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Oxford University Press is a department of the University of Oxford. It furthers the University's objective of excellence in research, scholarship, and education by publishing worldwide.

Print Price: $114.99

528 pp.
47 photos, 45 figures, 16 tables, 8" x 10"


Copyright Year:

Imprint: OUP Canada

Social Problems: A Canadian Perspective

Sixth Edition

Lorne Tepperman, Joshua Curtis, Katherine Lyon and Sandra Colavecchia

Thoroughly revised to address a variety of contemporary issues, Social Problems: A Canadian Perspective uses diverse voices to take a concise, intersectional approach that encourages students to be active, engaged citizens in the pursuit of understanding and solving Canada's-and the world's-social problems. The book discusses and applies a range of theoretical perspectives - including structural-functionalism, conflict theory, symbolic interactionism, feminism, and social constructionism - showing students the many lenses through which they can examine and interpret issues. Written by Canadian scholars, this text is an essential resource for studying social problems in this country.

Completely rethought and revised, the sixth edition of Tepperman's Social Problems is designed not only to present the most pressing social issues of our time-such as COVID-19, racial inequity, the fight for justice for Indigenous people, and wealth inequality--but also empower students to be active, engaged citizens who can effect change in their community and globally. The new edition retains the best features of the fifth edition-such as Be an Active Citizen-with brand-new features to help students explore their options for getting more involved as citizen sociologists. These include compelling video clips, profiles, and hands-on activities, all available in our Enhanced eBook, a fully digital version of the text. As the only current Canadian textbook on Social Problems to continue to be revised, Tepperman et al 6e is uniquely positioned to be the solution of choice for instructors and students.

Readership : Offered in 2nd or 3rd year, the Social Problems course applies sociological theories and approaches to help students understand the origins of and connections between the social challenges we face, both locally and globally.

How This Book Is Organized
1. What are Social Problems?
2. Class, Poverty, and Economic Inequality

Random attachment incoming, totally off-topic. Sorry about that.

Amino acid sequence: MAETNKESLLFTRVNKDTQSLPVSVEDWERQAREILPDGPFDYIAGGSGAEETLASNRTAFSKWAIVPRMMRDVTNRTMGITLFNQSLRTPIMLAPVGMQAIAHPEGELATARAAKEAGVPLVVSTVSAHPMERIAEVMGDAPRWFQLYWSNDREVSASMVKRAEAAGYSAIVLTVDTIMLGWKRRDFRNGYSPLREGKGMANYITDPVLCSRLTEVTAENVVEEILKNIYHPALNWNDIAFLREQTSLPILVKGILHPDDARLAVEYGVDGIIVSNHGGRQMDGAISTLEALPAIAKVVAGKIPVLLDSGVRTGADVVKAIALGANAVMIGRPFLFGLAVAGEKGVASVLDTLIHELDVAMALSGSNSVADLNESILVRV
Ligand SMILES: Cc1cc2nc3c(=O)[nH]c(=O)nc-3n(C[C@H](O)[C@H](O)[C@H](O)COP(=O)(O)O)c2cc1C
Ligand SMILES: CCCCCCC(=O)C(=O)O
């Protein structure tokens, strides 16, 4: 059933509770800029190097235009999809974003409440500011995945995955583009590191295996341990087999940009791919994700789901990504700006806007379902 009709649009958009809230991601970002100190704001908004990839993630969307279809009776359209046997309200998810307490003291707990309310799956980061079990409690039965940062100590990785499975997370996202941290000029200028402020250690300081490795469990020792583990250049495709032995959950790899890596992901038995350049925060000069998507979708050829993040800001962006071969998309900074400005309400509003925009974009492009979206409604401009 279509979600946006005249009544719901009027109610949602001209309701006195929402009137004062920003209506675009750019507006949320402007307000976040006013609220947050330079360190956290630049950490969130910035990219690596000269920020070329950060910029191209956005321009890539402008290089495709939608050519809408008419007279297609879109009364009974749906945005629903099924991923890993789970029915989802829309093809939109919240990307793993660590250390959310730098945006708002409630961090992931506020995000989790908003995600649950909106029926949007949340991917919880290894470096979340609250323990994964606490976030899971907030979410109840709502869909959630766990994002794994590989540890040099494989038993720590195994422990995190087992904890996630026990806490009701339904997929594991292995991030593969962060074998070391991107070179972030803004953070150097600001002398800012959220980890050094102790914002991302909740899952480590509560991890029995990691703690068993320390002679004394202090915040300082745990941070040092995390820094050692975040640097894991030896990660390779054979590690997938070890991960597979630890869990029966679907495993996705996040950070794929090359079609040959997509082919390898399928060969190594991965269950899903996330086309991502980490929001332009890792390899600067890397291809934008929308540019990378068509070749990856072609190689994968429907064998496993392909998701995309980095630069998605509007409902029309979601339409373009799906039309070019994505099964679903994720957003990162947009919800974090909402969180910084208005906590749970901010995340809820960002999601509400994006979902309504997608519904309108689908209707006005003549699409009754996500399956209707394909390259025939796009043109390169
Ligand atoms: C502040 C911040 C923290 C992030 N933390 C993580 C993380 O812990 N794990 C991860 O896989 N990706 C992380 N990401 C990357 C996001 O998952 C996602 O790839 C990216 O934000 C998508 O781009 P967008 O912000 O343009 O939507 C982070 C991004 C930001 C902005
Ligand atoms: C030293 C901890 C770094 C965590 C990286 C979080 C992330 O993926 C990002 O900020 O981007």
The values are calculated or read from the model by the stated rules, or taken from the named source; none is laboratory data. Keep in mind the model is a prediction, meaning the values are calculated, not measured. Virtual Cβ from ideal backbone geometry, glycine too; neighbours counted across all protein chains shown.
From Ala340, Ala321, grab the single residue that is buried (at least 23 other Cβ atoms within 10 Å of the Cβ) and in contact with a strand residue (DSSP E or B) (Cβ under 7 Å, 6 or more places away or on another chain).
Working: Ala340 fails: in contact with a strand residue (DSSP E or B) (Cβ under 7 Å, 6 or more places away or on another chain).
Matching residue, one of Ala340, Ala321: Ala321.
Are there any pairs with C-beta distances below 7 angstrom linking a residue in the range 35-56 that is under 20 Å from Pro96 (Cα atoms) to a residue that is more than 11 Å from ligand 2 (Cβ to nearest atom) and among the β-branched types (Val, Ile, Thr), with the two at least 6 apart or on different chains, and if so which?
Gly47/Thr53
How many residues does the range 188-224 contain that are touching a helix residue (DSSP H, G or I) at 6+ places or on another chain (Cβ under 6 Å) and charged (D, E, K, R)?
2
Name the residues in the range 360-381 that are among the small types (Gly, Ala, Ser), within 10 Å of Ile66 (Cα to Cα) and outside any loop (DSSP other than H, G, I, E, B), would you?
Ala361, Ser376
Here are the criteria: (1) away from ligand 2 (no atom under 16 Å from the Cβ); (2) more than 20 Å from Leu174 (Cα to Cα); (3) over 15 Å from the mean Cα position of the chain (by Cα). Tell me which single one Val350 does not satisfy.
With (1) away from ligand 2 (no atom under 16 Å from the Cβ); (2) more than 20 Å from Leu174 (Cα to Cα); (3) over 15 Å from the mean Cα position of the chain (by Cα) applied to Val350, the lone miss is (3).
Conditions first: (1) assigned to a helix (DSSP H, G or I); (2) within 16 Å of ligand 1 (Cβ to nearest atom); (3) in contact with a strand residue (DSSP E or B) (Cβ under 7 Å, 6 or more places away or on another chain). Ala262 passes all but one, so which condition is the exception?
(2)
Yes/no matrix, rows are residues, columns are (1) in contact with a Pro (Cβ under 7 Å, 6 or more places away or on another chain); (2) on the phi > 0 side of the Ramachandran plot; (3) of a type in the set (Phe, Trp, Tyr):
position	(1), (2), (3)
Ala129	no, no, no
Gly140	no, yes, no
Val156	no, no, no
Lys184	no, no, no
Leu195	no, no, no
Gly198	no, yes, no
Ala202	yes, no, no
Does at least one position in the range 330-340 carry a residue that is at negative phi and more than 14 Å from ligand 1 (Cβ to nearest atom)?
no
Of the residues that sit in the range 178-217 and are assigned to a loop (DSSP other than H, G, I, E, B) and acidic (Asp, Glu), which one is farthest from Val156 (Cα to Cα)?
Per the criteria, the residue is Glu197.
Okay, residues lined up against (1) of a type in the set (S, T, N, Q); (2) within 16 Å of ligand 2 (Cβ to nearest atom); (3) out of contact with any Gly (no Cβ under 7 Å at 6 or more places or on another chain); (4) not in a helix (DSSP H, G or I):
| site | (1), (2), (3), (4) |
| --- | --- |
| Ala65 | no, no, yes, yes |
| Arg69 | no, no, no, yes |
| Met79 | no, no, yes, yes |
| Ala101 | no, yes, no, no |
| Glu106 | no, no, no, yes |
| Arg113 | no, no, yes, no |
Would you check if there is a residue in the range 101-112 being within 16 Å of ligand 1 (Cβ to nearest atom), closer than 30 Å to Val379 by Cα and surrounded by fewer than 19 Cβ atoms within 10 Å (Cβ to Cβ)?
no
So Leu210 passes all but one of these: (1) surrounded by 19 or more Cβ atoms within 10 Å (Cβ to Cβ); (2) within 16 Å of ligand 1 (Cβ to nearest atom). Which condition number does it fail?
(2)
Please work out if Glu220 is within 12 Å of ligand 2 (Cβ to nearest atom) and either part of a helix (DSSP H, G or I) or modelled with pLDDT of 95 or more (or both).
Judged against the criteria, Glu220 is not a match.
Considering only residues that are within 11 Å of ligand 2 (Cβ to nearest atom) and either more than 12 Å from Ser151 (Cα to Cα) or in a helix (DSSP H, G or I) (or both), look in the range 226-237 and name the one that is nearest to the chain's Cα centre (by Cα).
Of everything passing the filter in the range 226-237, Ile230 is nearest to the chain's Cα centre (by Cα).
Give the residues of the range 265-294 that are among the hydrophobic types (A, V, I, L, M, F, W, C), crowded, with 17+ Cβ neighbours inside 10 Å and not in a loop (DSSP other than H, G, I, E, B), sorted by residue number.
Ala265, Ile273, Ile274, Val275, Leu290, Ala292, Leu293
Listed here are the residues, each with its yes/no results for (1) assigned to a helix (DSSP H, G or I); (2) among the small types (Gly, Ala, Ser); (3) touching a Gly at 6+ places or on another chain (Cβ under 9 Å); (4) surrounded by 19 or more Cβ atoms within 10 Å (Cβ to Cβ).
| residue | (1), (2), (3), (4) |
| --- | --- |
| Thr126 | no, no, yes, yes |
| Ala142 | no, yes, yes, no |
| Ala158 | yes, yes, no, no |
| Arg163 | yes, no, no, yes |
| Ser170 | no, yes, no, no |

3. Racialization and Ethnic Relations
4. Gender-Based Inequalities
5. Sexualities
6. Crime and Its Victims
7. Health Issues, Addictions, and Substance-Use Issues
8. Globalization and Global Inequality
9. Families
10. Young People, Old People, and Age-Related Problems
11. Schools
12. Workplaces
13. Populations and the Natural Environment
14. What Problems Are on the Way?

Instructor's Manual
Practice Quizzes
Self-Assessment Questions
Video Activities
Media Resources
PowerPoint Slides
Test Bank
Image Bank
Flash Cards
Chapter Overviews and Learning Objectives
Ebook also available: ISBN 9780190167004

Lorne Tepperman has spent four decades teaching undergraduates. His research has touched on a range of interesting topics, including, most recently, gambling addiction and its consequences for families. He has written a variety of textbooks on social problems, social inequality, and the field of sociology more generally. Dr. Tepperman's recent books include Real-Life Sociology 2nd edition (OUP, © 2021) with Anabel Quan-Haase; and The Stacked Deck 2nd edition (OUP, © 2021) with Jennifer Ball.

Josh Curtis has contributed to numerous publications including three textbooks, twelve academic journal articles and book chapters, three other peer-reviewed publications, and seven working papers. As well as being a co-author of Social Problems, Dr. Curtis co-authored Understanding Social Inequality: Intersections of Class, Age, Gender, Ethnicity, and Race in Canada, 3rd Edition (OUP, © 2017) with Julie McMullin and has contributed to Grabb/Reitz/Hwang (eds.), Social Inequality in Canada: Dimensions of Disadvantage, 6th Edition (OUP, © 2017) and Albanese/Tepperman/ Alexander (eds.), Reading Sociology, 3rd Edition (OUP, © 2018).

Katherine Lyon is an Assistant Professor of Teaching in the Sociology department at UBC. She works within the fields of sociology of education and scholarship of teaching and learning, focusing on experiential pedagogies and inclusive assessment. In 2020, she developed a new course called COVID-19 and Society that invites students to examine COVID-19 as a global public issue, considering how pandemics inform social inequality, interpersonal interaction and societal change locally and internationally. OUP published COVID-19 and Society in 2021, based on this course.

Sandra Colavecchia is a professor at McMaster University and teaches a large enrolment (500+) course in Social Problems. She specializes in the area of intimate relationships and families and her interests include diversity in intimate relationships and families, the impact of social media and new technologies in our private lives, social policy and the law, and money in relationships.She is the adapter of Macionis' Sociology, 10th Canadian edition (Pearson 2020).

Picturing Social Problems - Lorne Tepperman, Cinthya Guzman and Ioana Sendroiu
Making Sense in the Social Sciences - Margot Northey, Lorne Tepperman and Patrizia Albanese

Special Features

  • Approaches the study of social problems with a careful balance of theory and a wide variety of contemporary examples
  • Applies Canadian and global content to a number of theoretical lenses
  • Writing style is approachable and easy for students to read
  • Includes feature boxes, key terms, and critical discussion questions throughout to spark student engagement
  • The text's well-developed art program is designed to make the book more accessible and engaging